~ Interesting Note: Testing a boundary’s strength doesn’t necessarily tell you if it’s a dam. Yes, engineers want dams to be strong, but sometimes, as in the rock canyon, a stream’s natural boundaries are equally strong. Sometimes, in the case of compacted earth dams or push-up dams (described below), the natural healthy boundaries (and, in a human, true thoughts) are even stronger than the dam.

~ Alert: There are a couple especially icky exceptions to using the uniformity dam-test:

Junk dams, as we discussed above, are where people have tossed any old inert, unusable, machined object into the river. These dams are way more irregular than your regular boundary and recognizable by their inorganic, jagged, character. Be careful with them, as they not only block you but can cut you or trap you in their disorganized jumble of parts.

Push-up dams are built by people who drive big front-end loaders into the river and bulldoze the river bottom up into a dam. Usually these dams wash out every year and have to be rebuilt. These dams are tricky to recognize because they are made of the exact same material as the river itself and are not particularly compacted or smooth. You have to use the other tests to differentiate it from a healthy boundary.

They are mostly recognizable because of the river’s width and depth at the site are unlike any natural river type: the river is abruptly and oddly deep across the entire width of the river, and the water surface drops sharply on the other side of the dam.

–> Is this boundary/shoreline/thought mostly devoid of plants and animals, i.e., are there almost no lively, growing beings with roots and social systems that thrive because of access to your water, your energy, your attention?

Dams don’t encourage much life. No trees or shrubs. Very few grasses. Occasional mosses. Without those places to browse, hide, or build forts, the deer, raccoons, and playful humans don’t hang out there either.

False beliefs you hold also aren’t full of growth, life, or nourishment. Friends and loved ones don’t usually hang out there.

~ Notable Exception

Stubborn folks do love a dam. If the only life forms you find inhabiting a particularly steep, hard thought of yours are goats, it’s probably most certainly a dam.

 

 

 

–> Is there an abrupt drop-off on the other side of the boundary? And when you look down there, do you see a different, attractive version — even just a trace — of your very own energy and attention?

Now go ahead and get rid of that dam.

There are three ways to do so.

~You can dismantle it from the outside with explosives or machinery. Click here for details on how to do that in a human.

~You can blow it apart from inside the river with longing. Click here and here to see what I mean.

~ Or you can just go around it and create something completely different. That link is coming soon.

The best method? It depends on your circumstances. I’m currently partial to the second way as it’s available to everyone and is the easiest, but try them all out for yourself.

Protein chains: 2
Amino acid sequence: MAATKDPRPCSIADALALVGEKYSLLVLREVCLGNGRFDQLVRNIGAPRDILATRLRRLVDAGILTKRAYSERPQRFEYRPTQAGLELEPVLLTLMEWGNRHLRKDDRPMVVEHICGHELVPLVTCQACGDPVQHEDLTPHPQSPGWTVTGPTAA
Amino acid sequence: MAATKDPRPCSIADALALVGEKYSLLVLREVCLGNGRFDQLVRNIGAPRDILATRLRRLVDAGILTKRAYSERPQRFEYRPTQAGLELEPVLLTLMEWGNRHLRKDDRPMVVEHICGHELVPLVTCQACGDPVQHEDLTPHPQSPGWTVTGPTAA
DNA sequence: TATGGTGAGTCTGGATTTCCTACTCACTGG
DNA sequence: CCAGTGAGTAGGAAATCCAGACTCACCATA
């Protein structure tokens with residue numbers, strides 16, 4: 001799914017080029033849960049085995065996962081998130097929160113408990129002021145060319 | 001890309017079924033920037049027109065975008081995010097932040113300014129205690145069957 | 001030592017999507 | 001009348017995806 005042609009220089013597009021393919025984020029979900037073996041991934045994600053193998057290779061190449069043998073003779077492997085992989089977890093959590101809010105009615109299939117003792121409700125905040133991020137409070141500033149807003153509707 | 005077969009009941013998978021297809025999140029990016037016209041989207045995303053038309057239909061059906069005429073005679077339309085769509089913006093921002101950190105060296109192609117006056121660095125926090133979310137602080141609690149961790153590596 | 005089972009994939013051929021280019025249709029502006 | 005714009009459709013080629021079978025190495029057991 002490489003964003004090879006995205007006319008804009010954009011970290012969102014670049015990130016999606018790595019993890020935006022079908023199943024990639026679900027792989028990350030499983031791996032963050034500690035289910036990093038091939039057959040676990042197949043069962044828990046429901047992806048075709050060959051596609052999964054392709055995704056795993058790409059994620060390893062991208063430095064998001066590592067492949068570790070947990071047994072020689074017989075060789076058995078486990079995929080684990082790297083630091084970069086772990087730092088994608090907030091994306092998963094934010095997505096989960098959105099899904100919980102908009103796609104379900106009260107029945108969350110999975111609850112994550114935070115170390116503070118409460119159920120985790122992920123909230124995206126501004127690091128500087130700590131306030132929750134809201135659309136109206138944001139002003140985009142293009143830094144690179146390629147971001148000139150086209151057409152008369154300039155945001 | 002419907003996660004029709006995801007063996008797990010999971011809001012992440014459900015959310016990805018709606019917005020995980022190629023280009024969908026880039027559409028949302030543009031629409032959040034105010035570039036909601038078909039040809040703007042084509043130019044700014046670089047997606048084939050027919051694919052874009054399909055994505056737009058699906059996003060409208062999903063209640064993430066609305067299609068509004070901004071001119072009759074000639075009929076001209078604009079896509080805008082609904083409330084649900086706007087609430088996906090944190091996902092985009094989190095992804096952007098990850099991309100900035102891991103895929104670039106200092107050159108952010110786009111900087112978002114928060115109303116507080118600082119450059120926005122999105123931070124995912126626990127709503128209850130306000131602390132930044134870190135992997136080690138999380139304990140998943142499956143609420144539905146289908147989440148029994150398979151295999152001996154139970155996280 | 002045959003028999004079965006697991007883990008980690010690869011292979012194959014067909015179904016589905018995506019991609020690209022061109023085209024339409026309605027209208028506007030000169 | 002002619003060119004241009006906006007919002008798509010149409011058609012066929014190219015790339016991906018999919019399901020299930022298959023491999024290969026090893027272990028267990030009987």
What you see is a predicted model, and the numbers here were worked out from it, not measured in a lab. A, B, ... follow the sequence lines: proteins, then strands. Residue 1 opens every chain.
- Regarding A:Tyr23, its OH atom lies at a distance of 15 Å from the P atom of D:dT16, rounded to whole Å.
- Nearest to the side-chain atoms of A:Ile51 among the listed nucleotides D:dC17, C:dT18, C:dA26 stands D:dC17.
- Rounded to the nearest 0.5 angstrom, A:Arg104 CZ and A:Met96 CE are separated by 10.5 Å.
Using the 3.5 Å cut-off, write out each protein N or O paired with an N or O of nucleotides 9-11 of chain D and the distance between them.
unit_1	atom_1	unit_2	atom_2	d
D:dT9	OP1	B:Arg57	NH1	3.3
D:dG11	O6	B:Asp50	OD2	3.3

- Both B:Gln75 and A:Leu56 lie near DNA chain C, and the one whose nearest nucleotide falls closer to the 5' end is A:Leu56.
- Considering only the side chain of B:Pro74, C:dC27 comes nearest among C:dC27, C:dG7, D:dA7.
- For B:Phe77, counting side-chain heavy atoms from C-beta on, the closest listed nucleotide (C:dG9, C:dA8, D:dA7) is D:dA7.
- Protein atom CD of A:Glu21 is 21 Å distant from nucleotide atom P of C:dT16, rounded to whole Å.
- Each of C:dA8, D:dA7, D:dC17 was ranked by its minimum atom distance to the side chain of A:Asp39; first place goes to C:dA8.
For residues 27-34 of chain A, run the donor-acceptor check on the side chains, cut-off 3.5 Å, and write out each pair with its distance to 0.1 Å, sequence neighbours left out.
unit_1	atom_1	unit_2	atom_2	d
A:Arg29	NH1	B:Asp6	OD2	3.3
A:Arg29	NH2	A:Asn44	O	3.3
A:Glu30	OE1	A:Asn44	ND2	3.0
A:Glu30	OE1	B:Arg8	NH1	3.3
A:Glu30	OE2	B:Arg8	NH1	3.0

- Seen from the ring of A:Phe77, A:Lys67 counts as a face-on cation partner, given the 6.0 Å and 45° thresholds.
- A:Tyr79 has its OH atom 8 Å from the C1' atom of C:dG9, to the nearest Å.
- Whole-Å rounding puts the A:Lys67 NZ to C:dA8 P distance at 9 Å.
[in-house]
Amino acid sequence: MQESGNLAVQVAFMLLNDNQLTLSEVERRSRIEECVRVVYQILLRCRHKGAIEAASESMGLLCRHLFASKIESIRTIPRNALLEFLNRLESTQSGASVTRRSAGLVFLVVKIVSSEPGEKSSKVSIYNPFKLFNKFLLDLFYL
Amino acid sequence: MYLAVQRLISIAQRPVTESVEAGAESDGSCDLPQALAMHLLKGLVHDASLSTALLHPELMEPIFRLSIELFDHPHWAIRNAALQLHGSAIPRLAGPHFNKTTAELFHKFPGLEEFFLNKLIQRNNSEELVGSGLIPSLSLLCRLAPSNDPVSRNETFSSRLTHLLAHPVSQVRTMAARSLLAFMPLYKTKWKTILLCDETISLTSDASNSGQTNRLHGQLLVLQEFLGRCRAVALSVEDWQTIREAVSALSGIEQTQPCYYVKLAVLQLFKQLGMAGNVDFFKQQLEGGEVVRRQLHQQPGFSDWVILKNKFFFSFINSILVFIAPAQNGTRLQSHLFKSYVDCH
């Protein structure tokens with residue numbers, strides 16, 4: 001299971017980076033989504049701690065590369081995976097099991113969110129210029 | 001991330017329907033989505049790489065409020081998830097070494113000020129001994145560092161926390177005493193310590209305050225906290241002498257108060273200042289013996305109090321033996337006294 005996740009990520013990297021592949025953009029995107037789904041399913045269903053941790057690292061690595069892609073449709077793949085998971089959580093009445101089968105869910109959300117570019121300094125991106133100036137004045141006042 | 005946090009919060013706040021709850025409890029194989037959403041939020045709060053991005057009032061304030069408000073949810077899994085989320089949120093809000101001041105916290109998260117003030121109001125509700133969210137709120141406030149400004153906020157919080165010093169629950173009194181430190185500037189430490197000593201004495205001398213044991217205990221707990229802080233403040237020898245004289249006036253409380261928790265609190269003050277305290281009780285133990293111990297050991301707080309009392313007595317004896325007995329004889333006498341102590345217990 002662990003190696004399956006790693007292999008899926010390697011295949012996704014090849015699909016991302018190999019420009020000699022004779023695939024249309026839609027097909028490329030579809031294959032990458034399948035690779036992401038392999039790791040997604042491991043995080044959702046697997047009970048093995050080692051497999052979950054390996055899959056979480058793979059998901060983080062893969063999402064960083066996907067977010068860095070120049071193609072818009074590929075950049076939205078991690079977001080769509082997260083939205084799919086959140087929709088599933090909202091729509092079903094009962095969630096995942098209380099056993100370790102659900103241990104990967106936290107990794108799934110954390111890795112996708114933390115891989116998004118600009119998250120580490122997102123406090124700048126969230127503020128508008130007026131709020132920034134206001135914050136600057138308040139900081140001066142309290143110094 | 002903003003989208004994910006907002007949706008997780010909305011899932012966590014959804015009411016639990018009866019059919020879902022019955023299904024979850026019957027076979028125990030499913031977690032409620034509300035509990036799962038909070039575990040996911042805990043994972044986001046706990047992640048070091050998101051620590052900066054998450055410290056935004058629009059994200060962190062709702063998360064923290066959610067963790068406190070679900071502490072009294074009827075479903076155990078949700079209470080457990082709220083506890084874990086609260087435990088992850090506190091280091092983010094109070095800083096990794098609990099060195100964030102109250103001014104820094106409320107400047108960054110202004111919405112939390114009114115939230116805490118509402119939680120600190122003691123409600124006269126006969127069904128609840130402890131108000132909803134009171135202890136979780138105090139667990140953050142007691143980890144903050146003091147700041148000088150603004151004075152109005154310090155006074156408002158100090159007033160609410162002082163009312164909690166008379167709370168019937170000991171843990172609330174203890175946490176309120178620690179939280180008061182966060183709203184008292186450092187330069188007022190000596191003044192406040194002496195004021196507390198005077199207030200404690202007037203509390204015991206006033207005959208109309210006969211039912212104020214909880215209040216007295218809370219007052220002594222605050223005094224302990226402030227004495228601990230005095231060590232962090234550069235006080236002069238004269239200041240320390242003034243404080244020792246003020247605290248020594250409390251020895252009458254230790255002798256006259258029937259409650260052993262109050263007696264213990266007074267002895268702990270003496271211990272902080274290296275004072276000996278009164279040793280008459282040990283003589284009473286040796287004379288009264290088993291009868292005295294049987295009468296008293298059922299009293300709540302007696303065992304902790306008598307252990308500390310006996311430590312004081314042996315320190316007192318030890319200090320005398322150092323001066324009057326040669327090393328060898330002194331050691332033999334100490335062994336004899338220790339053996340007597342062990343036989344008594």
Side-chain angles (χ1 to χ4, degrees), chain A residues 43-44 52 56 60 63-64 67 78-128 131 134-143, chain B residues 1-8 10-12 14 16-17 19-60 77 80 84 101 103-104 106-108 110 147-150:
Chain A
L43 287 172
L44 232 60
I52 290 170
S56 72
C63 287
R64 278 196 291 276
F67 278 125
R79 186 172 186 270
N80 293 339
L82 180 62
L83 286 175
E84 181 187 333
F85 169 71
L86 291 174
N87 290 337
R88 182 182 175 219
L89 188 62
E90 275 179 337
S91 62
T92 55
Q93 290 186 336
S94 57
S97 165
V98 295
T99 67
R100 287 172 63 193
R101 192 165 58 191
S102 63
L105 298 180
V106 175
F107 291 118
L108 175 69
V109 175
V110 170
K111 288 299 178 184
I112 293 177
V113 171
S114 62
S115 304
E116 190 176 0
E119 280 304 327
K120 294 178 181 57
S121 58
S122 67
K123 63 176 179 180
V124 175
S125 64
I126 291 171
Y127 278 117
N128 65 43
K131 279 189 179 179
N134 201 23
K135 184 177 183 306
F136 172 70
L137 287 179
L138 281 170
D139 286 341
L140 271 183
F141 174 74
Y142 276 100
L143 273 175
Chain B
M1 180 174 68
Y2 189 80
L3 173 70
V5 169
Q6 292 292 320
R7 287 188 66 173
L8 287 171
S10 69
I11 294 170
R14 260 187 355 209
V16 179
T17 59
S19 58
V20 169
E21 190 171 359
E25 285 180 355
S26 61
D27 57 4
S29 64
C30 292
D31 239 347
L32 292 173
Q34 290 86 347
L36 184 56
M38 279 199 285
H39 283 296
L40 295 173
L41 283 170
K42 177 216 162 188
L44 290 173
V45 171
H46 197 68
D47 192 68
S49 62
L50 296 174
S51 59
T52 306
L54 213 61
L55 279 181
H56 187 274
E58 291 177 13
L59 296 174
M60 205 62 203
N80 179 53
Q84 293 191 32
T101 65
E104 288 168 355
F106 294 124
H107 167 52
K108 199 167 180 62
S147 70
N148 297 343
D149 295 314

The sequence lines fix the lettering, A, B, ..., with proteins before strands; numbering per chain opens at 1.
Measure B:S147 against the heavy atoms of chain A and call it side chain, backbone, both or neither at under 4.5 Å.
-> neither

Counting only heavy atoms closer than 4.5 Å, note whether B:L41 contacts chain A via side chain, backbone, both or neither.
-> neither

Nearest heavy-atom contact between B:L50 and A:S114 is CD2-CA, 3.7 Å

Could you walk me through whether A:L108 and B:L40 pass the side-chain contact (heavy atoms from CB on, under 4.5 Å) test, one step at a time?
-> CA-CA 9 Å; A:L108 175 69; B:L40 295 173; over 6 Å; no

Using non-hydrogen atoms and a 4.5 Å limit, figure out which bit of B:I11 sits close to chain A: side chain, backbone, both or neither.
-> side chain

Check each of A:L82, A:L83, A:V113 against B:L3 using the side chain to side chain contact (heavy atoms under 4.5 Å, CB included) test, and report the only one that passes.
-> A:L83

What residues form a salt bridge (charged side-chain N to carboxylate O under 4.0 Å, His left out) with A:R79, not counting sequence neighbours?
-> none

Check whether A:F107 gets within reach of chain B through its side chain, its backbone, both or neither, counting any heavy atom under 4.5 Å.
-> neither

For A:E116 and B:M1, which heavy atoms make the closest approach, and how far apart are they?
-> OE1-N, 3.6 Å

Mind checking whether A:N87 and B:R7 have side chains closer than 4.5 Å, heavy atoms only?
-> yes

Dam removal is the most important part of stream restoration in many ways, and I’m thrilled to be decoding its meanings for my own life. I sincerely hope you enjoy it and that it helps you with the stuck areas in your life. Please let me know how your experiments go!

Like a River… TIP #1

River TIP #1: Protect your floodplain.

Hello, Beloved River Folk.

Today begins a series of the five Top Important Points (TIPs) for enhancing the rivers you love AND living like a gorgeous, healthy, wild river yourself.

When you follow TIP#1, you almost don’t need any other tips because your river has a deep resilience. Then it doesn’t matter what happens: your stream handles it. You thrive.

In a nutshell

Every natural river has a place to spill when things get big and fast and crazy. A floodplain has three characteristics:

~ open,Stream Type B... somewhere in my great-grandparents' homeland of Norwegia

~ level, and

~ connected to the river.

What’s that look like for a human? Where can your excess energy spread out and calm down? Is it walking outside, lying next to your fireplace, laughing with a friend, letting your pet snuggle on top of you, stitching things, building things?

I would NOT say a floodplain is “next to the river.” The floodplain is not a separate entity. The floodplain is as much a part of the river as the bed and banks. Remembering this may be the one easiest way to revolutionize river wellbeing.

That’s the core of Tip #1. If you want to delve into the why’s and wherefores, feel free to read on. Either way, I’d love to hear your comments and stories about floodplains both riverine and personal.

Yours in peace, love, and wild rivers,

Betsy

 

Why

Your river channel alone CANNOT be big enough to accommodate your floods.

~ Picture such an impractically huge channel: It would take up a whole valley.

And that over-sized river wouldn’t work well in regular or low flows. You’d have a thin sheet of water without cool-dark pools, oxygen-providing riffles, or tree-lined banks.

~ When a floodplain DOES become compromised — when flood flows get squeezed into the area between the river’s banks — that huge amount of water has to move quickly and that gives the water excess power. It has no choice but to cut down into the river’s foundation.

–> This is the most sure-fire way to begin a “head-cut” and unravel a river. <–

A floodplain saves the river from erosion by acting as a safety valve. It allows floodwater to leave the channel, get wide and shallow, and therefore lose velocity and strength. Then the water’s too weak to cut into the stream bed or banks.